• findMin
• findMax
• slightly different behavior
• find(x) returns the smallest element y in the set that is no larger than x (null if no such y)

## The Comparable Interface

To indicate that elements of class E can be compared, E must implement the Comparable<E> interface:

public interface Comparable<T> {
int compareTo(T o);
}

This interface is built in to Java!

Interpretation:

• x.compareTo(y) < 0 indicates that x is “smaller than” y
• x.compareTo(y) > 0 indicates that x is “larger than” y
• x.compareTo(y) == 0 indicates that x is semantically equivalent to y
• should have x.compareTo(y) == 0 if and only if x.equals(y)

## Example Integer

public class Integer implements Comparable<Integer> {
private int value;

@Override
int compareTo(Integer x) {
return value - x.value;
}

@Override
boolean equals(Object o) {
if (!(o instanceOf Integer)) return false;
Integer x = (Integer) o;
return (value == x.value);
}
}

## Sorted Set Interface

public interface SimpleSSet<E extends Comparable<E>> extends SimpleUSet<E>  {

@Override /* comments explain how find differs from parent method */
E find(E x);

E findMin();

E findMax();
}

## Implementing SimpleSSet

Question. What data structure should we use to store elements?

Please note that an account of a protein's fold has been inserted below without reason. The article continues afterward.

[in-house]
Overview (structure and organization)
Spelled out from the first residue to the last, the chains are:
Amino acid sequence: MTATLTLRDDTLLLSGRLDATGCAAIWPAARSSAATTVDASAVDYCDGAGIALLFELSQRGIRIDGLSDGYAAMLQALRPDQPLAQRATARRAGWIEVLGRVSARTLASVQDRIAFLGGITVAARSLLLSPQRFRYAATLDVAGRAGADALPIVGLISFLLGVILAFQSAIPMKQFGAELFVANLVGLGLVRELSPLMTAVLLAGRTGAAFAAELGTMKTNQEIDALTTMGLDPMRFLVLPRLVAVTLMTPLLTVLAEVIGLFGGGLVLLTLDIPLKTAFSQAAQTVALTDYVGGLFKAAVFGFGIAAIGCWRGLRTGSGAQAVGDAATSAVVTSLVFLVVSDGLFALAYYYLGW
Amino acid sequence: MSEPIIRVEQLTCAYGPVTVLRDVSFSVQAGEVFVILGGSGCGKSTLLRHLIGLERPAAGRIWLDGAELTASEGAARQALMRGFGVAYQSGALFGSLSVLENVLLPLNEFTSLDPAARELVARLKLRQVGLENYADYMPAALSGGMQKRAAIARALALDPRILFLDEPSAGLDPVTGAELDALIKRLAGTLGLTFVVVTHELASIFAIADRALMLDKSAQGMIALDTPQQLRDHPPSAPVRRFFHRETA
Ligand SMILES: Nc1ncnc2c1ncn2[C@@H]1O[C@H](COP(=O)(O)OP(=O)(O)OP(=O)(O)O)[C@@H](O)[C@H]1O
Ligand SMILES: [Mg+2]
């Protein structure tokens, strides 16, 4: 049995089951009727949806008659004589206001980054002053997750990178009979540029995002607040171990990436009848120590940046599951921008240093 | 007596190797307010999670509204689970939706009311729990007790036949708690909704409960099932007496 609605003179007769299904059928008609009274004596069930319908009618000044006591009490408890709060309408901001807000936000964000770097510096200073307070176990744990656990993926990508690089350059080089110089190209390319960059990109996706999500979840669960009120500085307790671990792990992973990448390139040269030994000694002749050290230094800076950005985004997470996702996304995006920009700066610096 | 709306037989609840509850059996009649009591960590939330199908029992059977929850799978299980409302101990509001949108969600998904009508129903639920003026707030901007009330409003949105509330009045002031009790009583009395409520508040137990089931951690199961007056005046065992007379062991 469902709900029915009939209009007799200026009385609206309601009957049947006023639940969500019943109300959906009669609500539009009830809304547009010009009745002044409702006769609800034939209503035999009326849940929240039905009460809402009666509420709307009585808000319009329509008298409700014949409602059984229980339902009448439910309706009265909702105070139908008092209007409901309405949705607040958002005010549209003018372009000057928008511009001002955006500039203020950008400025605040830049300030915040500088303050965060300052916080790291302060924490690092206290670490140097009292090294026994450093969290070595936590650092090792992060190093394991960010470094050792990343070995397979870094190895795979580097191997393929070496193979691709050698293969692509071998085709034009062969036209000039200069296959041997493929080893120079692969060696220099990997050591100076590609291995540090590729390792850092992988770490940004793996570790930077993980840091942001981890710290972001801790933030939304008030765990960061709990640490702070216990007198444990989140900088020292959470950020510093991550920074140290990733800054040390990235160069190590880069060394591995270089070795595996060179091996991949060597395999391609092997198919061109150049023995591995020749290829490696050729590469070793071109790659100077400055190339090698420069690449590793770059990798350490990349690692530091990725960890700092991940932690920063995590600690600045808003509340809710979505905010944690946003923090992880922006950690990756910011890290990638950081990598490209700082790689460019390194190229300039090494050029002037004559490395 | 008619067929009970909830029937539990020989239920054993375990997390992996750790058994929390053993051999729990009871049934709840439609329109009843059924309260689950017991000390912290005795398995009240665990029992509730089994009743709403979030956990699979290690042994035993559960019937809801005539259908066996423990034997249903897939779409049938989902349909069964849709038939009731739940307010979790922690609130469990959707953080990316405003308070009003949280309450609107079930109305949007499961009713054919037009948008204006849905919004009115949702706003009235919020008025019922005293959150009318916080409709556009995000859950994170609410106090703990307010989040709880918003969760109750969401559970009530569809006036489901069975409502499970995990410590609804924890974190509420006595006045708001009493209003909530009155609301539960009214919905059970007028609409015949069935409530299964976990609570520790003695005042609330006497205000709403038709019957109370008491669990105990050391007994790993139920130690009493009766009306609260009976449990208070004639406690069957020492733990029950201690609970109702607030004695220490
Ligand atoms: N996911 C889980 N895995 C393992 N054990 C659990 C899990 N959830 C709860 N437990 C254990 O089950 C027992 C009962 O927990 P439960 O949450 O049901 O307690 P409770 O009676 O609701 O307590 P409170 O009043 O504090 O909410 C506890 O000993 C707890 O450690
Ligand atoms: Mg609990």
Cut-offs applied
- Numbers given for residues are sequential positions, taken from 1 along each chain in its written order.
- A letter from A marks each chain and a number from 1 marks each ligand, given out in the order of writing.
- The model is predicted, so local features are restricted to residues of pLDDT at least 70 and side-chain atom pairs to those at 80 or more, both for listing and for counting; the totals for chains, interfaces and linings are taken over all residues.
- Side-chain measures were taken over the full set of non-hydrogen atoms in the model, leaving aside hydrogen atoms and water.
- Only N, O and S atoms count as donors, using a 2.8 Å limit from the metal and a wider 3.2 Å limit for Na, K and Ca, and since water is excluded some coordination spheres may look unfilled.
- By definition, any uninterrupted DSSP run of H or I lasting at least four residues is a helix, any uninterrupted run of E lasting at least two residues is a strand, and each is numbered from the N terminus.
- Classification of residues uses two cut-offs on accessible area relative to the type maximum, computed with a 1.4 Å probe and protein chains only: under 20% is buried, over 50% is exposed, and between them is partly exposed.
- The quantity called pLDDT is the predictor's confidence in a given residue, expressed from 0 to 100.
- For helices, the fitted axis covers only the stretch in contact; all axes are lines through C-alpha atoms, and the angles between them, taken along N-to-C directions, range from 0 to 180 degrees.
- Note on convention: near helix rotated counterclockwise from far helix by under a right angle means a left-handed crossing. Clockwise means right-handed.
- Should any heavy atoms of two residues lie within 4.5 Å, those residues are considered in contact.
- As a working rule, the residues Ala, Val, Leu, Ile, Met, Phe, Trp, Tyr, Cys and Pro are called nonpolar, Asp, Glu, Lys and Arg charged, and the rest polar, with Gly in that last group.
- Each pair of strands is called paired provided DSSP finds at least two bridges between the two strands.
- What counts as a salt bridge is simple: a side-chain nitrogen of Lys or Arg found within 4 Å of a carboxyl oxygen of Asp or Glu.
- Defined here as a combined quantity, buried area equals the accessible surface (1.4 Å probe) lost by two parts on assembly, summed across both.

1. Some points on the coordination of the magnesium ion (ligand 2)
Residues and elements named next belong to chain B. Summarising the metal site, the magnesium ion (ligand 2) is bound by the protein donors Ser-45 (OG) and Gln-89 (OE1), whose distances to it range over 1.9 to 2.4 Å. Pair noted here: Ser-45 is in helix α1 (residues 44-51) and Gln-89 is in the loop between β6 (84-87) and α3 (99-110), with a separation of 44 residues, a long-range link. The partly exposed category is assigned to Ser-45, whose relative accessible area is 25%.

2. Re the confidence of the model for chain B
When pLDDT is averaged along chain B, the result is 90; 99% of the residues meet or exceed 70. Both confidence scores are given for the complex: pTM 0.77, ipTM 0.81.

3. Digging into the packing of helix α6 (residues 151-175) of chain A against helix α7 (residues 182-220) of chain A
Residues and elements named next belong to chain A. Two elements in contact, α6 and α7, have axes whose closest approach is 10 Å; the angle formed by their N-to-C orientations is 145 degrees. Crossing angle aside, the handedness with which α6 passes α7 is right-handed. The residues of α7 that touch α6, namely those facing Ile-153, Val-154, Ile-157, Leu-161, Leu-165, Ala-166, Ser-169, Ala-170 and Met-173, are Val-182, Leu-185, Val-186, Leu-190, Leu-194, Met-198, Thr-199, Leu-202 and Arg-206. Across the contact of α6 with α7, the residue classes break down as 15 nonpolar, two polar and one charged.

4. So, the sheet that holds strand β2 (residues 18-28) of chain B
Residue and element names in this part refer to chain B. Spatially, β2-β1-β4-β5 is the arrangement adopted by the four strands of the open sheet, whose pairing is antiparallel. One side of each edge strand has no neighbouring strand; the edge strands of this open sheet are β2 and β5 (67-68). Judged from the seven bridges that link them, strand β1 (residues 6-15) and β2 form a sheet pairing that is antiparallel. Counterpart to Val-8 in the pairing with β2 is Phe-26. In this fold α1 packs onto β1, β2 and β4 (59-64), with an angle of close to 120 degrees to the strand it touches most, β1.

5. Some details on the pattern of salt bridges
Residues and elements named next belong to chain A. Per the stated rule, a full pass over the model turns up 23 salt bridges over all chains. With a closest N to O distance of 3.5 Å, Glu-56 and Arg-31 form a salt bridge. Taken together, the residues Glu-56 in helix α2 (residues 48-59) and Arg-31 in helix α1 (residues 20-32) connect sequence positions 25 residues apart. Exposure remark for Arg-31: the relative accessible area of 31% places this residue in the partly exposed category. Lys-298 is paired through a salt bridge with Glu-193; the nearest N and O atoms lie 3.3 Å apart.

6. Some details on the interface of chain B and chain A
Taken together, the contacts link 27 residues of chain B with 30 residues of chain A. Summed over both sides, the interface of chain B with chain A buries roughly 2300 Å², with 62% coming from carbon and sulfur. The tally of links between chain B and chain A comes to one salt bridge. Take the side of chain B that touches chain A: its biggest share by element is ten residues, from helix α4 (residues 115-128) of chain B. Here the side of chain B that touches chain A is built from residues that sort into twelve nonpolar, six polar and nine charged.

remove(x)?

find(x)?

## Common Functionality

Find the index where x would be located

• unambiguous because set is sorted, elements are unique

Define int getIndex(x) method

How to find(x)?

## Observation

Once getIndex is implemented add, remove, find can be made to work

• alternative (correct) implementations of getIndex will not affect add/remove/find code

Suggestion. First implement/test with simple getIndex method, then design/test more sophisticated getIndex implementations

Maxim. Premature optimization is the root of all evil.

• Tony Hoare (popularized by Donald Knuth)

See code!

## More Efficient getIndex

How to search a sorted array like a dictionary?

## Recursive getIndex()

• See: ArraySimpleSSet.java

## USet and SSet Find Running Times

Compare running times of find between unordered set implementation (ArraySimpleUSet) and ArraySimpleSSet with binary search

• With linear search, implementations have almost exact same running time because elements were added in sorted order!

## Next Time

• More discussion of recursion
• More detailed analysis of binary search